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Sustainable Irrigation Management Project of Huay Klai Reservoir Under Royal Initiative


Kok Lam and Saeng A-ram Villages, Kut Mak Fire Subdistrict, Nong Wua Sor District, Udon Thani Province


Project Duration

January 2011 – Present



The Project was initiated under the cooperation amongst organizations established under royal initiative, central-local government and local people. At the start, the Chaipattana Foundation selected the Huay Klai reservoir out of approximately 1,000 underutilised reservoirs throughout the country. The Mae Fah Luang Foundation under Royal Patronage was subsequently entrusted by the Royal Initiative Discovery Institute (RIDI) to integrate its irrigation best practices and “Understand, Reach Out and Develop” concept with the farming best practices of the Model Farm at Her Majesty the Queen’s Initiative of Northeast Region. The Ministry of Interior provides financial support whereas Udon Thani Provincial Administration Organization actively involves itself in all activities. 


Why Huay Klai Reservoir?

Thailand’s rainfall is more than abundant. Still, many parts of the country are persistently affected by drought due to the lack of irrigation management. Huay Klai reservoir was an example of this. In January 2011, the geographical survey revealed that the reservoir was in perfect condition, yet villagers in the catchment area could not fully benefit from it since there was no proper water distribution system. It is only in the rain season that the water level rises high enough to flow over the spillway into small creeks. From these creeks which are lower than their agricultural land, the villagers had to pump the water up to their plots. Some even constructed small waterways with weirs to raise the water level. When the dry season arrives, all of these methods prove useless, leave the villagers with their empty barren land which could hardly grow anything.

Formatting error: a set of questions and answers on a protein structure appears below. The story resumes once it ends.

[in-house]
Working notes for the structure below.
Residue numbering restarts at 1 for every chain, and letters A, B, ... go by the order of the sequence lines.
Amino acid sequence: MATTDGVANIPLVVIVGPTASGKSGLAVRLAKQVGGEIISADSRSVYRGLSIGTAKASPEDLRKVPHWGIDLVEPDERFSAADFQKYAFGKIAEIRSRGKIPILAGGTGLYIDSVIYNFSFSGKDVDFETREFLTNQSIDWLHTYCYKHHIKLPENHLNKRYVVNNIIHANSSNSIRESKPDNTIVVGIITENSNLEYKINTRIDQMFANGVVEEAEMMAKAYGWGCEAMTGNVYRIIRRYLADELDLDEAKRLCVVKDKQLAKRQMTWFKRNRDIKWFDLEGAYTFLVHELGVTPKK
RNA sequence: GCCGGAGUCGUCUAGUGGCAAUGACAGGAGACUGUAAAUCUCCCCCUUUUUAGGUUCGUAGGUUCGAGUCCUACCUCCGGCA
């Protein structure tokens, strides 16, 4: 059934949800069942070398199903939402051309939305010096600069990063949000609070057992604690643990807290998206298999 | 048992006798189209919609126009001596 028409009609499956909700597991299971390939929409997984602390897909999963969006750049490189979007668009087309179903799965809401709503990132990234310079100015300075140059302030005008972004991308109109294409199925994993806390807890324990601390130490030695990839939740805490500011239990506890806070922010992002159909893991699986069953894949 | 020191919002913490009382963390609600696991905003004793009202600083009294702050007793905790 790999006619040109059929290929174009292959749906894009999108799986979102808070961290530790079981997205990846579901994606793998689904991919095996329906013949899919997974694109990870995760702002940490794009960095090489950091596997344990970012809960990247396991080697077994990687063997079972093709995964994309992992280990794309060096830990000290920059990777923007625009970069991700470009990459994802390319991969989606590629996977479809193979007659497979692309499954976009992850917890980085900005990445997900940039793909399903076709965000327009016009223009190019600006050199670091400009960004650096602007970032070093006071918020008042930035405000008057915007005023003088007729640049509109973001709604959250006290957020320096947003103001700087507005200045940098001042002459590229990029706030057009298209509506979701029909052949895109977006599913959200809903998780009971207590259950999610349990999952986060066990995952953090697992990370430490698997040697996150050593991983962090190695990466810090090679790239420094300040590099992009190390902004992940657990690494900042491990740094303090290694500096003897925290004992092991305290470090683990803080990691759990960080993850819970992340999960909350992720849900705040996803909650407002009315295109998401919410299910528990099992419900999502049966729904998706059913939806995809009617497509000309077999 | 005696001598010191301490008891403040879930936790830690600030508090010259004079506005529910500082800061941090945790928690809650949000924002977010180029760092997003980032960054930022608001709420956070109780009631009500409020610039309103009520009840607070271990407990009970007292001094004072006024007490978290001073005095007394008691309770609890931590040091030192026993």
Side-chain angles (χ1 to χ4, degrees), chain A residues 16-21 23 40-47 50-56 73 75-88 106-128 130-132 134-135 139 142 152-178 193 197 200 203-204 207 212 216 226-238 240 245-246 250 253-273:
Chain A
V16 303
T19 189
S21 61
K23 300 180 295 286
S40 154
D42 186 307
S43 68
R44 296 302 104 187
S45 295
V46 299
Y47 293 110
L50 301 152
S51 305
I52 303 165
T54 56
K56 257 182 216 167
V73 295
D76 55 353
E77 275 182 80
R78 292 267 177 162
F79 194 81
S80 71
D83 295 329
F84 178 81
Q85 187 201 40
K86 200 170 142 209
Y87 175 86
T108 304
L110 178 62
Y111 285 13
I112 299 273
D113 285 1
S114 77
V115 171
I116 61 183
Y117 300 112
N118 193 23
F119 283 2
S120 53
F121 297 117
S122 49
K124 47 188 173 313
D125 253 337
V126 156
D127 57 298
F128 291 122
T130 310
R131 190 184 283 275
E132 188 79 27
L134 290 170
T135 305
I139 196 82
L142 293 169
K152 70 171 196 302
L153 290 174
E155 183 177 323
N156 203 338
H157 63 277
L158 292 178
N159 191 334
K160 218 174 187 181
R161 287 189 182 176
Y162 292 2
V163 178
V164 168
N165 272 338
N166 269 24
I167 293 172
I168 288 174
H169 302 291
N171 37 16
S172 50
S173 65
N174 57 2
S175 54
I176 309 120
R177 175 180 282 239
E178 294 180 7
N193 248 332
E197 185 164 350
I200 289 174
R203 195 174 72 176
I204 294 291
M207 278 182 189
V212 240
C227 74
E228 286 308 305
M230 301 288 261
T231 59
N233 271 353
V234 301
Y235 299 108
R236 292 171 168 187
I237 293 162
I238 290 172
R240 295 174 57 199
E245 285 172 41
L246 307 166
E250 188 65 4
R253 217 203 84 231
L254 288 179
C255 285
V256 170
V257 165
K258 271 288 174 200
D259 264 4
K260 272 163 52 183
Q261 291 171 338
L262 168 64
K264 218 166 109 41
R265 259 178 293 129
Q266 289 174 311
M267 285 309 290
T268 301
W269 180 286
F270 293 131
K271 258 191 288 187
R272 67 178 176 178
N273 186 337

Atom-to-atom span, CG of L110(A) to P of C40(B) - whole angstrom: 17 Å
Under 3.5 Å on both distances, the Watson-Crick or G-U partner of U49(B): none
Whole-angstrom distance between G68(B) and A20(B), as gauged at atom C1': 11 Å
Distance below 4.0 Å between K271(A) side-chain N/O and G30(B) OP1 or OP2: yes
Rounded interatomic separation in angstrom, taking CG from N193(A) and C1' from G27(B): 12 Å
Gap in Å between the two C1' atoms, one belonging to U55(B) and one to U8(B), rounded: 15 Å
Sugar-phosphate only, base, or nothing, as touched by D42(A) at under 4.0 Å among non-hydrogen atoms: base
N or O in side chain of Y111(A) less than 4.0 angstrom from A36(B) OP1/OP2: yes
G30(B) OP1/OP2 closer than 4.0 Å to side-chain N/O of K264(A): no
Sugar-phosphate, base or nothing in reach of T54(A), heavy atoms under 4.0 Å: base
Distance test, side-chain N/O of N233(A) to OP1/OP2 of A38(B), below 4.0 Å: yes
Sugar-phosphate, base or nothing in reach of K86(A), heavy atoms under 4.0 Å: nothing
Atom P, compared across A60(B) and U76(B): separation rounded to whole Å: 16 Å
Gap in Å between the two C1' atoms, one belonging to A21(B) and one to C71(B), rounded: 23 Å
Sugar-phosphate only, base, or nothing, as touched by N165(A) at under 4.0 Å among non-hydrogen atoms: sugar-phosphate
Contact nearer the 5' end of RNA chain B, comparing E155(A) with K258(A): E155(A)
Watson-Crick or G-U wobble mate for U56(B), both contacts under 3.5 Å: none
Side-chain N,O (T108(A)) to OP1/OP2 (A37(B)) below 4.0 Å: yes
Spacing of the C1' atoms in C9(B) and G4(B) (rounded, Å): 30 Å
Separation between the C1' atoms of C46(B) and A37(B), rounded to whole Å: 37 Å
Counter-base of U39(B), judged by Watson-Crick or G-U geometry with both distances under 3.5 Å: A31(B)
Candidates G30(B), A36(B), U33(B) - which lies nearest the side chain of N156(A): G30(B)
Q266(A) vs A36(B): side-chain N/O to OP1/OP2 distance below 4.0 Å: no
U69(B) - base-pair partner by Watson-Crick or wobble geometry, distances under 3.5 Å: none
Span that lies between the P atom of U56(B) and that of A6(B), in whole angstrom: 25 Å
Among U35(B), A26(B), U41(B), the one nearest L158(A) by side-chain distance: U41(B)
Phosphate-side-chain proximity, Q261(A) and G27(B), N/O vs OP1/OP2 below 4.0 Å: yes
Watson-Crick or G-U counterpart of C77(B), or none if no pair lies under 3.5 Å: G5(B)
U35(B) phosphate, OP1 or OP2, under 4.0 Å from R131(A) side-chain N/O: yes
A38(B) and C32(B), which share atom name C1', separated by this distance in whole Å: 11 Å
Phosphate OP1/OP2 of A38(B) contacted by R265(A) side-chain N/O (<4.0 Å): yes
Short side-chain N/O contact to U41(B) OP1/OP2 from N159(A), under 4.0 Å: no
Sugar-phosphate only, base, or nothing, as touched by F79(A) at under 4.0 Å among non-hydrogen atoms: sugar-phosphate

What Has Been Done?

In March 2011, when the villagers became aware of their own problems and felt the need to act, all partners started passing on knowledge by working closely with the villagers in every step. The core concept mainly focuses on empowering people and maximizing the existing resources.  


  • Irrigation System Improvement

After the geographical survey had been carried out together by the project staff and the villagers, the capacity of the reservoir was enhanced in accordance with its structure. Small foundation posts built on its spillway allowed more 30,000 cubic metres of storage capacity. A 1,520-metre pipeline was built along and the existing weirs were repaired and improved its capacity to contain and control water. The Project has also incorporated the improvement of Huay Karn Lueng and Huay Kham Kae reservoirs located in the nearby area, which helped increase the catchment area from 128 to 286 hectares. 


  • Agricultural Knowledge Enhancement